November 21, 2019

Berkeley Morning Prayer A Question of Greatness

Berkeley Morning Prayer A Question of Greatness

Berkeley Morning Prayer                                                                        St. Luke’s Chapel

Rev. Paul J. Carling, Ph.D.                                                           November 21, 2019


A Question of Greatness

1 Maccabees 4: 1-25 Matthew 18:1-9

If you want to understand what drove Jesus to such hyperbole about great millstones around our necks, self – amputation, and tearing out one of our eyes, just compare the wildly different world views in today’s two scripture texts. This past weekend, I took a group of students on a pilgrimage to the National Museum of African American History and Culture in Washington, and I had just as visceral a reaction.

Through eight profoundly moving hours, exhibits documented Christians creating the slave trade, inventing the concept of race, and systematically undoing every attempt to free slaves or to promote the social, economic or political advancement of people of color, all in the service of “making America great.” Alongside this brutal history, we witnessed the incredible tenacity, determination and creativity of a people who contributed their greatness – in the very midst of oppression – to every area of American life and culture.

On the long bus ride home, I was haunted by two images: a 20-something Bayard Rustin demanding an immediate end to police brutality, and to economic and political injustice – 55 years ago. And the look of raw fear in one of our student of color’s eyes, at the prospect of entering a hotel elevator with a swaggering young man, sporting a red “Make America Great” hat. And I wondered, “What constitutes greatness for us, as Christians, in this present moment?”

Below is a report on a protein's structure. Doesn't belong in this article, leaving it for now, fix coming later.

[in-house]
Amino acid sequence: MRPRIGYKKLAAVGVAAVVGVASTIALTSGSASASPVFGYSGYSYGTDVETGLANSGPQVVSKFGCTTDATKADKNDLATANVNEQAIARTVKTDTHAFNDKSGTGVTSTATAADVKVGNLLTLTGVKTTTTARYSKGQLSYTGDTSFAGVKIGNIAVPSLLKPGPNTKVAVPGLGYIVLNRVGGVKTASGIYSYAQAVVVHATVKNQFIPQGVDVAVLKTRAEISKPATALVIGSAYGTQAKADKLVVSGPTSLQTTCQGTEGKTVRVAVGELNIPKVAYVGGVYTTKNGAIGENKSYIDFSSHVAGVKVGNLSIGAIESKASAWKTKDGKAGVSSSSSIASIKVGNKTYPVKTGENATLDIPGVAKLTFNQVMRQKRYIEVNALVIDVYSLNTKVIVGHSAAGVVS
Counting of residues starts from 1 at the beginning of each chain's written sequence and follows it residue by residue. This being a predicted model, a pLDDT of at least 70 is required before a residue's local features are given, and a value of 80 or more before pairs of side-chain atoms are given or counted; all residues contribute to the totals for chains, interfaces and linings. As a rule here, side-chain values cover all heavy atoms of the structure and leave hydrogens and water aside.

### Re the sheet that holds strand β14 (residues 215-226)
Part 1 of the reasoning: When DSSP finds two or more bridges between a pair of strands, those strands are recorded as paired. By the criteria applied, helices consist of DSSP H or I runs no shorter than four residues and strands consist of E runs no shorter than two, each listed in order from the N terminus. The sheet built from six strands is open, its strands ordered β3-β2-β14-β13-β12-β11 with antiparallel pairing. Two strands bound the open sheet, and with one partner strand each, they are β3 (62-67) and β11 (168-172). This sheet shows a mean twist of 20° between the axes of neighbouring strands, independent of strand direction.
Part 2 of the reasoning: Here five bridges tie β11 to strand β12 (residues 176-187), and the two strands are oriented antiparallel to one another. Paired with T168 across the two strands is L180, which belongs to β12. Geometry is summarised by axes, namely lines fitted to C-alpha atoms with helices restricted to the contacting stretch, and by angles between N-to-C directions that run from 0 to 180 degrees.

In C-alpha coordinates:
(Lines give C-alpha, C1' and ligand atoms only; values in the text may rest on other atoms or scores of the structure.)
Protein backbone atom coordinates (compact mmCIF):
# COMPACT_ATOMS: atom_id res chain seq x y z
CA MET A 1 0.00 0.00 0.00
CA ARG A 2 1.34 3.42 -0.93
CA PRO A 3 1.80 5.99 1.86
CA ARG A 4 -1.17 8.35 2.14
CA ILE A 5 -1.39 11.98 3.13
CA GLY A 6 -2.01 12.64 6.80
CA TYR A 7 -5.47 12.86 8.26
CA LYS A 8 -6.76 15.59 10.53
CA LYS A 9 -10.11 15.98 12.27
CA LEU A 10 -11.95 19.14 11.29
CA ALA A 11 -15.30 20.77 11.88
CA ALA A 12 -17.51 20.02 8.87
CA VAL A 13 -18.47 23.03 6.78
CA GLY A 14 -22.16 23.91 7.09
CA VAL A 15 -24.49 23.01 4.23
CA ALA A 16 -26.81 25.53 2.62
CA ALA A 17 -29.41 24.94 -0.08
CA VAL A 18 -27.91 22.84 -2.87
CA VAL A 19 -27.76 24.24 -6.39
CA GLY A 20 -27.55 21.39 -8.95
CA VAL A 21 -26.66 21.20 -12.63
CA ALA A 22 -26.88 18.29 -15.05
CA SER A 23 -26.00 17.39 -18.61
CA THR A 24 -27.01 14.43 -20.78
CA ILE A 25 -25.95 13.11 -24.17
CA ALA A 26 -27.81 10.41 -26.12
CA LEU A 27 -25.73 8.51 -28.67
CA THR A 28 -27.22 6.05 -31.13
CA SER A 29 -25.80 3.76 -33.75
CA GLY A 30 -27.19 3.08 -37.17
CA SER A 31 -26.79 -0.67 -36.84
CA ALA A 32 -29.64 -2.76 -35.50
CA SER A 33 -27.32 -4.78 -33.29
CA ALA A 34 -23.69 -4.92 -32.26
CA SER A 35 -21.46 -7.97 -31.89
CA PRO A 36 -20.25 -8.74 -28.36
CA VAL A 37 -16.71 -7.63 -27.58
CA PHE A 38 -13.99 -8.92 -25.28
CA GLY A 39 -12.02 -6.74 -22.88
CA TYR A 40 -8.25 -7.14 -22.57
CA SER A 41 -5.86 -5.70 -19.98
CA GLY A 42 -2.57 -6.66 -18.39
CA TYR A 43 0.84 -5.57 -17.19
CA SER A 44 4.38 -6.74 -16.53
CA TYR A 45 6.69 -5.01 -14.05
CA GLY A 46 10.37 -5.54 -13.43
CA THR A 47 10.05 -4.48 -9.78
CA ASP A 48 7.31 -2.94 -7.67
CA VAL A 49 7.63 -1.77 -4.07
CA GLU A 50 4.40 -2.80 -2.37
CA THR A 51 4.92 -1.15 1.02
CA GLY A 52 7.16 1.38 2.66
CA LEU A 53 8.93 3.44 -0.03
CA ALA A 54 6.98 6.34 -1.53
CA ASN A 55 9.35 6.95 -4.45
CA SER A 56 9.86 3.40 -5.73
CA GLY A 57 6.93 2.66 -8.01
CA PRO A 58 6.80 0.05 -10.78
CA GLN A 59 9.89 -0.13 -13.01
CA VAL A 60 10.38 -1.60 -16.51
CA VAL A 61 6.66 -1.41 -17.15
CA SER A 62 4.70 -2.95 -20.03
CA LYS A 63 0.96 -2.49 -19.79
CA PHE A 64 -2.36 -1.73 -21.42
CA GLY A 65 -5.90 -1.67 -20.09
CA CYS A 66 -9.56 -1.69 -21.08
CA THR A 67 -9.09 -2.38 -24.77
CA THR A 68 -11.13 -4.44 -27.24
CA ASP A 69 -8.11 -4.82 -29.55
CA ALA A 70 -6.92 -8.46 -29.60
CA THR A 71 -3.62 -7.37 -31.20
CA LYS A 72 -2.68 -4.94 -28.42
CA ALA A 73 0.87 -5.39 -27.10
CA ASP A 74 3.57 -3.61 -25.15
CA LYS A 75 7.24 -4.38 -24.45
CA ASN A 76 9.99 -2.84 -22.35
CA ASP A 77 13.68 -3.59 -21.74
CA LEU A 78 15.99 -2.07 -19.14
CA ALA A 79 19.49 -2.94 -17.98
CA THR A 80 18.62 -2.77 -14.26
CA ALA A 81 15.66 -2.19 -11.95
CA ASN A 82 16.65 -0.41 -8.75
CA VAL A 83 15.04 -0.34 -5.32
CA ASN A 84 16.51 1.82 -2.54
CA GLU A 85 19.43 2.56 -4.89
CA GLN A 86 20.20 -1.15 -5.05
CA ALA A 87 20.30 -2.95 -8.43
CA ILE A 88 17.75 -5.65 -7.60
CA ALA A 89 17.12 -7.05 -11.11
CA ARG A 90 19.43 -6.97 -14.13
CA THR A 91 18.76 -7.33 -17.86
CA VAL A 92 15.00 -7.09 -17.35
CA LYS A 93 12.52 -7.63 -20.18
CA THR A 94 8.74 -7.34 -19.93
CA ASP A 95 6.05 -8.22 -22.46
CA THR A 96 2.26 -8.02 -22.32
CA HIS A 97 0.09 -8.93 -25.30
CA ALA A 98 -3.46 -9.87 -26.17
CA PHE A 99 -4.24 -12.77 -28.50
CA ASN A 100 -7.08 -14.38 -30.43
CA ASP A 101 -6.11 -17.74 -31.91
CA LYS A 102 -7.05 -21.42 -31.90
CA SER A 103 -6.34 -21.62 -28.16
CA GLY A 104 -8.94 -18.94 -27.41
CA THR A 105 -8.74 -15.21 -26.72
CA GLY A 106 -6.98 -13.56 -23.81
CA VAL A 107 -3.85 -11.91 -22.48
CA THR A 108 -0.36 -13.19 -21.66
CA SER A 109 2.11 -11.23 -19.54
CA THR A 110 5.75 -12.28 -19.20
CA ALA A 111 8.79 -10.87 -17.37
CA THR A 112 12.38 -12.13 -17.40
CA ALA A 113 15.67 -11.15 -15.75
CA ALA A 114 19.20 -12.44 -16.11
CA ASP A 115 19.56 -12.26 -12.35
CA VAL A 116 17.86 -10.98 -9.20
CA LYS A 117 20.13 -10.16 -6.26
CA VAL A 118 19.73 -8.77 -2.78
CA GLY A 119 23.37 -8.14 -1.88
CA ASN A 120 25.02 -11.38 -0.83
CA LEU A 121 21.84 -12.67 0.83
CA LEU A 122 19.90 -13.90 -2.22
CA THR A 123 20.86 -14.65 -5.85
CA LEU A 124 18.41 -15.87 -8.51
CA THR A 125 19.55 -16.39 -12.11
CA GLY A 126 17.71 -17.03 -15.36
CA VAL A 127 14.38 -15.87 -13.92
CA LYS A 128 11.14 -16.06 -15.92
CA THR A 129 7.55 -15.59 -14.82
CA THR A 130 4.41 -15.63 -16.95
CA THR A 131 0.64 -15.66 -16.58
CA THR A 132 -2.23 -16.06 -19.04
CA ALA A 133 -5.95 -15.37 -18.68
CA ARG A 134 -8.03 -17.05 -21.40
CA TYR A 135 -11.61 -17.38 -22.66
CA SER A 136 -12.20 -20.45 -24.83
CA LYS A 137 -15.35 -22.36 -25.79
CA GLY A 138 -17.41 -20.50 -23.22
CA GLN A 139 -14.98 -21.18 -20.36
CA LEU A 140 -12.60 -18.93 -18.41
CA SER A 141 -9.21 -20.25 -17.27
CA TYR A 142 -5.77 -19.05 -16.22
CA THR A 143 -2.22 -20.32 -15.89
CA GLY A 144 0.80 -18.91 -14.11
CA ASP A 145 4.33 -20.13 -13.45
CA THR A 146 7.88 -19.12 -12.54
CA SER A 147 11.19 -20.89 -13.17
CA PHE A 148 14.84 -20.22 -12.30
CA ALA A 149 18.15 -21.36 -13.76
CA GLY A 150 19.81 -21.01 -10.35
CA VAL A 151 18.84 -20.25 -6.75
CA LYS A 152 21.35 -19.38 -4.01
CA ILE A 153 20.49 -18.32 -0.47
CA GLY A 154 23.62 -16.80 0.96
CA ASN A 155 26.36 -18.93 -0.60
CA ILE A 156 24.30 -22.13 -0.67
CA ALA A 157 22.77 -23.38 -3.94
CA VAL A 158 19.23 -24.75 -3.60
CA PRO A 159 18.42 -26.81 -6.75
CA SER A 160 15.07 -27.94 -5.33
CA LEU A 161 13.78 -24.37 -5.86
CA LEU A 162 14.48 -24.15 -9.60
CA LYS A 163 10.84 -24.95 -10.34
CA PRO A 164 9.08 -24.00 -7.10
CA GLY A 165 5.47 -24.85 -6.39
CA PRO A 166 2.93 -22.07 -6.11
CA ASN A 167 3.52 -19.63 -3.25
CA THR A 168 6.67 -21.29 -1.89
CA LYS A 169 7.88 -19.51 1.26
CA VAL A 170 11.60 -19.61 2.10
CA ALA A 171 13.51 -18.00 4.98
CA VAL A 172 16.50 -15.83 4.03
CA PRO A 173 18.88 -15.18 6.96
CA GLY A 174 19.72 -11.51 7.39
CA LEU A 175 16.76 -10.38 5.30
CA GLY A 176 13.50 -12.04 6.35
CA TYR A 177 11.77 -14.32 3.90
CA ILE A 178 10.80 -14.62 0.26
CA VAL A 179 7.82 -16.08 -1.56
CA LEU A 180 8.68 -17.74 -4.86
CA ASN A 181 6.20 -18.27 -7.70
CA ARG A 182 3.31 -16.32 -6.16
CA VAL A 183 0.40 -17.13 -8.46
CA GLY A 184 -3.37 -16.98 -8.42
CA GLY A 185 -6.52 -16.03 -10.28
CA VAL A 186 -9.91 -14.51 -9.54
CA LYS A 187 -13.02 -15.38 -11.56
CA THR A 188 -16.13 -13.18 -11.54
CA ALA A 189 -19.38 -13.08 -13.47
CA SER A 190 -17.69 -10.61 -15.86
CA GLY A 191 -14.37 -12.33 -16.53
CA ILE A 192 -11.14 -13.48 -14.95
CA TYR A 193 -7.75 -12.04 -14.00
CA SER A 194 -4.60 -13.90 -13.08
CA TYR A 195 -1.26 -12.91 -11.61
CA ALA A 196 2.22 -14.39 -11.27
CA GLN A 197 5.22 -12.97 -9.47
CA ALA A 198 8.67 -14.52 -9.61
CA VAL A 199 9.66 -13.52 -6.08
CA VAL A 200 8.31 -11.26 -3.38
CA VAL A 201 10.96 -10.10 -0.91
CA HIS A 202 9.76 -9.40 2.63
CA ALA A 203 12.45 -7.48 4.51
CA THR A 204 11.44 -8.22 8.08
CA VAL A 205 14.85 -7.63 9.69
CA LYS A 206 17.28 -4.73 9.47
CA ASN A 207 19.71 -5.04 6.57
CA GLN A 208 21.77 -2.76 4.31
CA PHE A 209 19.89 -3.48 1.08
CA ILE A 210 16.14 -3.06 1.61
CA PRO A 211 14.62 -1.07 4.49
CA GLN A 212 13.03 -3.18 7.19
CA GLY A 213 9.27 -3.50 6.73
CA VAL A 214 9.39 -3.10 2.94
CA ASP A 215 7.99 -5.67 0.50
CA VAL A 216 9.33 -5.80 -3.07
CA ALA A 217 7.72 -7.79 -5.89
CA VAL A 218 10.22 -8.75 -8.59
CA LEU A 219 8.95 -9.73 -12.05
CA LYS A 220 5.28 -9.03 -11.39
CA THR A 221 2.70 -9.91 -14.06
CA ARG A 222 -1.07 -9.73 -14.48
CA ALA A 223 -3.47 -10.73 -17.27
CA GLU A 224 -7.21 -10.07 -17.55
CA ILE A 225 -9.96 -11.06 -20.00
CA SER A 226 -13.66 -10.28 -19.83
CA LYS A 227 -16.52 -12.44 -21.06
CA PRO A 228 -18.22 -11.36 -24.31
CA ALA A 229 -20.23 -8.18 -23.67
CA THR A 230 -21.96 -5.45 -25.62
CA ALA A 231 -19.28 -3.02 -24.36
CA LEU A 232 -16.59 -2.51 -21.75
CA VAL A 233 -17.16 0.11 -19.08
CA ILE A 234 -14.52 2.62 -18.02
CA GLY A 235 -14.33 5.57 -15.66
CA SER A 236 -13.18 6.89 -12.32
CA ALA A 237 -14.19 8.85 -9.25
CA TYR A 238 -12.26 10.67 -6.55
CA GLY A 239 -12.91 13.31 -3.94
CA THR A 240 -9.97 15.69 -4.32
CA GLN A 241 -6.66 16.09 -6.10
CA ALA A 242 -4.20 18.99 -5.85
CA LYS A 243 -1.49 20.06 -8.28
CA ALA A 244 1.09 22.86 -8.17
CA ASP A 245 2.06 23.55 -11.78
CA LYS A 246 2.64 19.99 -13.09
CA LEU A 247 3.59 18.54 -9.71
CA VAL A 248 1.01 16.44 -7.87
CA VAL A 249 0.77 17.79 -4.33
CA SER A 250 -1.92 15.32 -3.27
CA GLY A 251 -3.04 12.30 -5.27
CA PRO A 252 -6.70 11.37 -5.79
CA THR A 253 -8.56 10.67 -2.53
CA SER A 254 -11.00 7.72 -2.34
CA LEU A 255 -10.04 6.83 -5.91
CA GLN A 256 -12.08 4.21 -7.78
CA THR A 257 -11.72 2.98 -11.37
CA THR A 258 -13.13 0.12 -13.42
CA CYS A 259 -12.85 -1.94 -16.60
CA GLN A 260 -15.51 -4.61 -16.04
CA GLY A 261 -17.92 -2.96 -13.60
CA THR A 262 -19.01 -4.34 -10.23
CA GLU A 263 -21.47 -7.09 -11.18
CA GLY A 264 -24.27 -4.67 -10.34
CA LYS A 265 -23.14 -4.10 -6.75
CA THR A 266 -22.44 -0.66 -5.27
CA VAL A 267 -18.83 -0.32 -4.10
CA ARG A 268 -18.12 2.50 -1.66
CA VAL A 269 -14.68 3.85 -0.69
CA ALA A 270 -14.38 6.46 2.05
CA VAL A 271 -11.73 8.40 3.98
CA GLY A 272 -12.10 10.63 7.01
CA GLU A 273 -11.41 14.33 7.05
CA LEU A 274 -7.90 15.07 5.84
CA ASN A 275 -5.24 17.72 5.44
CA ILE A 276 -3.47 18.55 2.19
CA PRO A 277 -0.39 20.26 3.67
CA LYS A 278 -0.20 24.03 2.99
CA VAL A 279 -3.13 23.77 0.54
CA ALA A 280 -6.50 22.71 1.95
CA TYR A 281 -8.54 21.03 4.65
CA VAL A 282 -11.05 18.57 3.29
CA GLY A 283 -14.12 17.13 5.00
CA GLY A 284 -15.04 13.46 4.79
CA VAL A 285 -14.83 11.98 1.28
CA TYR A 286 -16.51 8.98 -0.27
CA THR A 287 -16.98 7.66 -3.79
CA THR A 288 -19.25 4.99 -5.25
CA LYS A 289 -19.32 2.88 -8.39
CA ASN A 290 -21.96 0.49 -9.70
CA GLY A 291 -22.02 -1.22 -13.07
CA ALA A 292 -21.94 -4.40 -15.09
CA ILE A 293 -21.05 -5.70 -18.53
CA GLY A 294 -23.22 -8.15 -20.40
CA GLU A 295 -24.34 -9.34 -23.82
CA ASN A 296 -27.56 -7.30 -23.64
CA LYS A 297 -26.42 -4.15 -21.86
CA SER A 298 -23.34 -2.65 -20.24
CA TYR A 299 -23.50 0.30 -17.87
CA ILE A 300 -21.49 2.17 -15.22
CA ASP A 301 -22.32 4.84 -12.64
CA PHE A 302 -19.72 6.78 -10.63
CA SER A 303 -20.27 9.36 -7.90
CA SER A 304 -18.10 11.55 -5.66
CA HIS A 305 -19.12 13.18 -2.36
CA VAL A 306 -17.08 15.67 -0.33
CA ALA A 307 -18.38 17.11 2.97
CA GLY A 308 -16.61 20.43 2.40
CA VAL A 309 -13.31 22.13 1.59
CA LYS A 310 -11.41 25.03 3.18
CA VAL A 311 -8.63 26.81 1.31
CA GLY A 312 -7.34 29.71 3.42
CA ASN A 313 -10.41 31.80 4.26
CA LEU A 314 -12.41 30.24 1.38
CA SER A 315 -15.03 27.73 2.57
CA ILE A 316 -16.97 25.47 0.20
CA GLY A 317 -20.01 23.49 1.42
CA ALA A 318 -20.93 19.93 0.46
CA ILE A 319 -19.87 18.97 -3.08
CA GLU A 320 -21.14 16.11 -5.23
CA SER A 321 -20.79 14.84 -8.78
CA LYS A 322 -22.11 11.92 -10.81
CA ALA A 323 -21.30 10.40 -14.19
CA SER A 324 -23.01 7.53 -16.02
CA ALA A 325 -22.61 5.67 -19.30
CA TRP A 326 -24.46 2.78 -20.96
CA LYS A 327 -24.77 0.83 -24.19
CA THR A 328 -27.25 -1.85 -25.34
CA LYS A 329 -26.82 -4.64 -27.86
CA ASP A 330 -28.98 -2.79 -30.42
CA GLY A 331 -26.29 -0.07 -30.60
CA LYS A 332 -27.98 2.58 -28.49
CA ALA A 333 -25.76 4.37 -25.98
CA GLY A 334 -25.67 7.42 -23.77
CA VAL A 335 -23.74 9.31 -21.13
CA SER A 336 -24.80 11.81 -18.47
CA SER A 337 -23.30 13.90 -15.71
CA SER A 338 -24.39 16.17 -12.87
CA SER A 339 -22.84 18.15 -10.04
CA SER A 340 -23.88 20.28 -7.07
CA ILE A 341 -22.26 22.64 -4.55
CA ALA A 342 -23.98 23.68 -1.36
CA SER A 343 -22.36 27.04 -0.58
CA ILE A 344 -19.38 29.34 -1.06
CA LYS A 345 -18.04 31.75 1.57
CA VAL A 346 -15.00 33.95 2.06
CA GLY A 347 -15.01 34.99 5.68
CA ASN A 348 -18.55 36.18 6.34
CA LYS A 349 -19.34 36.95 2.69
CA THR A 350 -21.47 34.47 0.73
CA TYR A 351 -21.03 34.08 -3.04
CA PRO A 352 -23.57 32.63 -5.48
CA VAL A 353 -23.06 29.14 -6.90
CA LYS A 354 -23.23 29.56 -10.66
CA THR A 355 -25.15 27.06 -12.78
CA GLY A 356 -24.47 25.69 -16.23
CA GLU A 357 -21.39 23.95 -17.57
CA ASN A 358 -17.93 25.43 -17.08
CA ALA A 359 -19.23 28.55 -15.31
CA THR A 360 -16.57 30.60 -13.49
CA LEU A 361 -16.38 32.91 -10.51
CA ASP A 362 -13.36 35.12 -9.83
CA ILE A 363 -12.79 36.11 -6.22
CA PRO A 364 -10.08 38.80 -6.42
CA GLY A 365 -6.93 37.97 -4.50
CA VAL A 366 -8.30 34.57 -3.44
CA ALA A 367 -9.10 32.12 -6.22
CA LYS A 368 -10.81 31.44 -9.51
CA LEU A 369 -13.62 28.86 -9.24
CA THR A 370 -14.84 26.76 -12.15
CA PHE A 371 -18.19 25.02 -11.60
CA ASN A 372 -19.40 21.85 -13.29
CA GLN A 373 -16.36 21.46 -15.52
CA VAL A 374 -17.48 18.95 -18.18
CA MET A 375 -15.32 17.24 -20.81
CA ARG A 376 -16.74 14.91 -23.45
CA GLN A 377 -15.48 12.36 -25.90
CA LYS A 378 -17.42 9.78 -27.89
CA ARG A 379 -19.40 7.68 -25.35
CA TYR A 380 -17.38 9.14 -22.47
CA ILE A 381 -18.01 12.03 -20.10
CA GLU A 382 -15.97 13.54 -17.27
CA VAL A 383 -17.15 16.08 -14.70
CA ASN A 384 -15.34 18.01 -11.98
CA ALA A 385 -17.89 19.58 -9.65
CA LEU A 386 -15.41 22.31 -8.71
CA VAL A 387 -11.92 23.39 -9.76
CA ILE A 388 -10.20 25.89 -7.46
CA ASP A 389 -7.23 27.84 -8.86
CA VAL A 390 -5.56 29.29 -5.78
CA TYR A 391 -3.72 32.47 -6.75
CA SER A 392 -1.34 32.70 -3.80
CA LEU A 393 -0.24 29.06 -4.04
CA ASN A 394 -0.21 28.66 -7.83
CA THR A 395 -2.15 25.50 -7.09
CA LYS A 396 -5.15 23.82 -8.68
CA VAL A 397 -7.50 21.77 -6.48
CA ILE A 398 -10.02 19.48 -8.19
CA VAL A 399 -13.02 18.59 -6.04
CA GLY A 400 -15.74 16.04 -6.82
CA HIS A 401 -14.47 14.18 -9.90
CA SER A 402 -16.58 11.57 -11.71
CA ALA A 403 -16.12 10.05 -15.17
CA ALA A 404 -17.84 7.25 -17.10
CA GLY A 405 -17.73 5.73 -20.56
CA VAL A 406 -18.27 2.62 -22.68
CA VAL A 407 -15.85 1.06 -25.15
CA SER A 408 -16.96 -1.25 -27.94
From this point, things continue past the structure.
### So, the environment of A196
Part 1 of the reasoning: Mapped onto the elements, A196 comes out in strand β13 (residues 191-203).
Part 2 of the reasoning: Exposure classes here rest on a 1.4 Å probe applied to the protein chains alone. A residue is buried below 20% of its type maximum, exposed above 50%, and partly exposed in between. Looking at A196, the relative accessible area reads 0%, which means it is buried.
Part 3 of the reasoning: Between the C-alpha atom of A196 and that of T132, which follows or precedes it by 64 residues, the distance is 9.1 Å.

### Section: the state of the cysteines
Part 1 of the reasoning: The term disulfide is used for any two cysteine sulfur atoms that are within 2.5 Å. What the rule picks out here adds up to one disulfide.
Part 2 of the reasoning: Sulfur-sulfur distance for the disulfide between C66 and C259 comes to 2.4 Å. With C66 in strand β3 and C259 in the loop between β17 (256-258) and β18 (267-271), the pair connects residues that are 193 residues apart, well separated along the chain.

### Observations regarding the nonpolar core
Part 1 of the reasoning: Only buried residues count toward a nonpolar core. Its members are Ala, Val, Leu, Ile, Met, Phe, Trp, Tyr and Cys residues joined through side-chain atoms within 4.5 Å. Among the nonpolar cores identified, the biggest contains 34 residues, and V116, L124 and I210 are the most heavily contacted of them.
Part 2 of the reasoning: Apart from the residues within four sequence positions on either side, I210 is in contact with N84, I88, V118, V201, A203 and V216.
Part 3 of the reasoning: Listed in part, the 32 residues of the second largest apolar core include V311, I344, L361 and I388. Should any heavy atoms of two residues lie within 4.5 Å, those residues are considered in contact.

I thought about how effective certain Christian groups have been, in promoting a theology that justifies war, the horrific treatment of immigrant families, including the very children Jesus defends as “the greatest,” and advocates for racism, sexism, homophobia and xenophobia. Their real effectiveness may be that, in exposing the hypocrisy of what large numbers of Christians believe, they have stimulated the wholesale abandonment of religion by young people across the entire developed world. And I wondered if, in some way, this is a fulfillment of Jesus’ warning about putting stumbling blocks in the path of children.

Richard Rohr points us back to Jesus’ notion of greatness, when he says, “Christianity is a lifestyle—a way of being in the world that is simple, non-violent, shared, and loving. However, we made it into an established ‘religion’ (and all that goes with that) and (thus) avoided actually changing lives. One could be warlike, greedy, racist, selfish, and vain in most of Christian history, and still believe that Jesus is their ‘personal Lord and Savior.’ The world has no time for such silliness anymore,” Rohr concludes. “The suffering on Earth is simply too great.”


Life is short, isn’t it time to make Christianity great again?

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